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Ocean currents likely to carry oil along Atlantic coast…..well, maybe

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 Today the National Center for Atmospheric Research (NCAR) released finding from their computer model and announced that ocean currents are likely to carry oil along the Atlantic Coast. This statement, along with some fun looking video on YouTube seen below, has been carried in the news today in a number of places, including national broadcast news – NBC’s Ann Thompson’s piece tonight included the NCAR YouTube clip in the Evening News.  

But seemingly everyone is leaving out a key caveat that NCAR included, but didn’t emphasize, in their release: 

“The modeling study is analogous to taking a dye and releasing it into water, then watching its pathway.”  The NCAR article then added “The dye tracer used in the model has no actual physical resemblance to true oil. Unlike oil, the dye has the same density as the surrounding water, does not coagulate or form slicks, and is not subject to chemical breakdown by bacteria or other forces.” 

While it is impressive modeling that NCAR has produced, what the model may better portray is that nutrients and other particles that come down the Mississippi can be caught in the loop current and make their way half way up the eastern seaboard. A potentially more valid finding of the NCAR model is to be aware that what you put on the landscape and send down your drains in the middle of the country because there are models that show materials may make their way past the Florida Straits and even up to the Carolinas.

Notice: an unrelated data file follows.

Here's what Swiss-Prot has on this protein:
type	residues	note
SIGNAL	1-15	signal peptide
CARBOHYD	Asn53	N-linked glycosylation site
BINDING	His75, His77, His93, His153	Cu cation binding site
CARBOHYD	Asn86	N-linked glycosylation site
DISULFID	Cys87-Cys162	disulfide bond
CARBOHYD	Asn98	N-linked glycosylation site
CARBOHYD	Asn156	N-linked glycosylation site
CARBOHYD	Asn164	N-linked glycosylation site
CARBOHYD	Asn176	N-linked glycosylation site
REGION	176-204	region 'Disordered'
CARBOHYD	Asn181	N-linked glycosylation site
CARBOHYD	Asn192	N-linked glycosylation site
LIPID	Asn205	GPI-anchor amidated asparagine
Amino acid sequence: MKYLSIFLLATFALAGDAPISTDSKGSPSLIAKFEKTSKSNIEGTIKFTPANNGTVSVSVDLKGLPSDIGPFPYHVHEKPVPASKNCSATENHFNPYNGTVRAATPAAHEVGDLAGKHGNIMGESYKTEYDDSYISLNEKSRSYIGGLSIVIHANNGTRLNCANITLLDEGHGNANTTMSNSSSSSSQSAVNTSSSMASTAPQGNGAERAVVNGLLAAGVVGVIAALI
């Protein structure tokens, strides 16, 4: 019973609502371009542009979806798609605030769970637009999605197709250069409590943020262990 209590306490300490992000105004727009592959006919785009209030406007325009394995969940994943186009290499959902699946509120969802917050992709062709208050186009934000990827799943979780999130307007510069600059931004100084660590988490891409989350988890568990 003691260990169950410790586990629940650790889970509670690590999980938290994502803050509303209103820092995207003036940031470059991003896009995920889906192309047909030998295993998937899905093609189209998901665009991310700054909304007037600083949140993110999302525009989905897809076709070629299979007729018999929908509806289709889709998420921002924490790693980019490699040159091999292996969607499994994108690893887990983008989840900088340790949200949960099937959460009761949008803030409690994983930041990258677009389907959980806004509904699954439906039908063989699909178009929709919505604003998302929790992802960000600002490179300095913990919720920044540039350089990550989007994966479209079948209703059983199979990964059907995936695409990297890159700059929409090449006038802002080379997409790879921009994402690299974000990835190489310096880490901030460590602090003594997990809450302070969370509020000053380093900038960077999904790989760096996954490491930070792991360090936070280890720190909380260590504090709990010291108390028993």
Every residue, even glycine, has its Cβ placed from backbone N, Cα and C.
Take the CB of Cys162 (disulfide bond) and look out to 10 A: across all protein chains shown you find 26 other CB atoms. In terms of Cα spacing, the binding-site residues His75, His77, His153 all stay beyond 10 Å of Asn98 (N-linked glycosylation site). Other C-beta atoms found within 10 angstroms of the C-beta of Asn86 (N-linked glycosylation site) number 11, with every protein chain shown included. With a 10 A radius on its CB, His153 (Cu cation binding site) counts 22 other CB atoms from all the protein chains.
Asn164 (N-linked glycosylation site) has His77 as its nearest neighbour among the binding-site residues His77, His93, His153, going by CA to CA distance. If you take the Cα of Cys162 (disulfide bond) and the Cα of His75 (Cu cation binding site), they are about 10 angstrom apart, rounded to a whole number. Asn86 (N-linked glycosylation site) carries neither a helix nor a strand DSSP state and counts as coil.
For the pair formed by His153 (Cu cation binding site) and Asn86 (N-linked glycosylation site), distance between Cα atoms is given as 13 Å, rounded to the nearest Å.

But it doesn’t take an expert in fluid dynamics to tell that crude oil, and the unknown range of types of products that result from dispersants, weathering and biological degradation all are unlikely to act like a dye pack. 

It is good to use what science we have on hand to the extent it can help us plan for this oil spill moving to other areas, or for contemplating where future oil spills of crude or refined oil products might go, but let’s also make sure to pay close attention to the caveats in the models that are being touted in the news today. 

From NCAR’s website: “This animation shows one scenario of how oil released at the location of the Deepwater Horizon disaster on April 20 in the Gulf of Mexico may move in the upper 65 feet of the ocean. This is not a forecast, but rather, it illustrates a likely dispersal pathway of the oil for roughly four months following the spill.” and “The animation is based on a computer model simulation, using a virtual dye.”

Problem being, a spill of crude oil isn’t a dye pack.

The author is a scientist by training and the owner of W.H. Nuckols Consulting, an environmental policy firm. 


Written by Will Nuckols

June 3, 2010 at 7:17 pm

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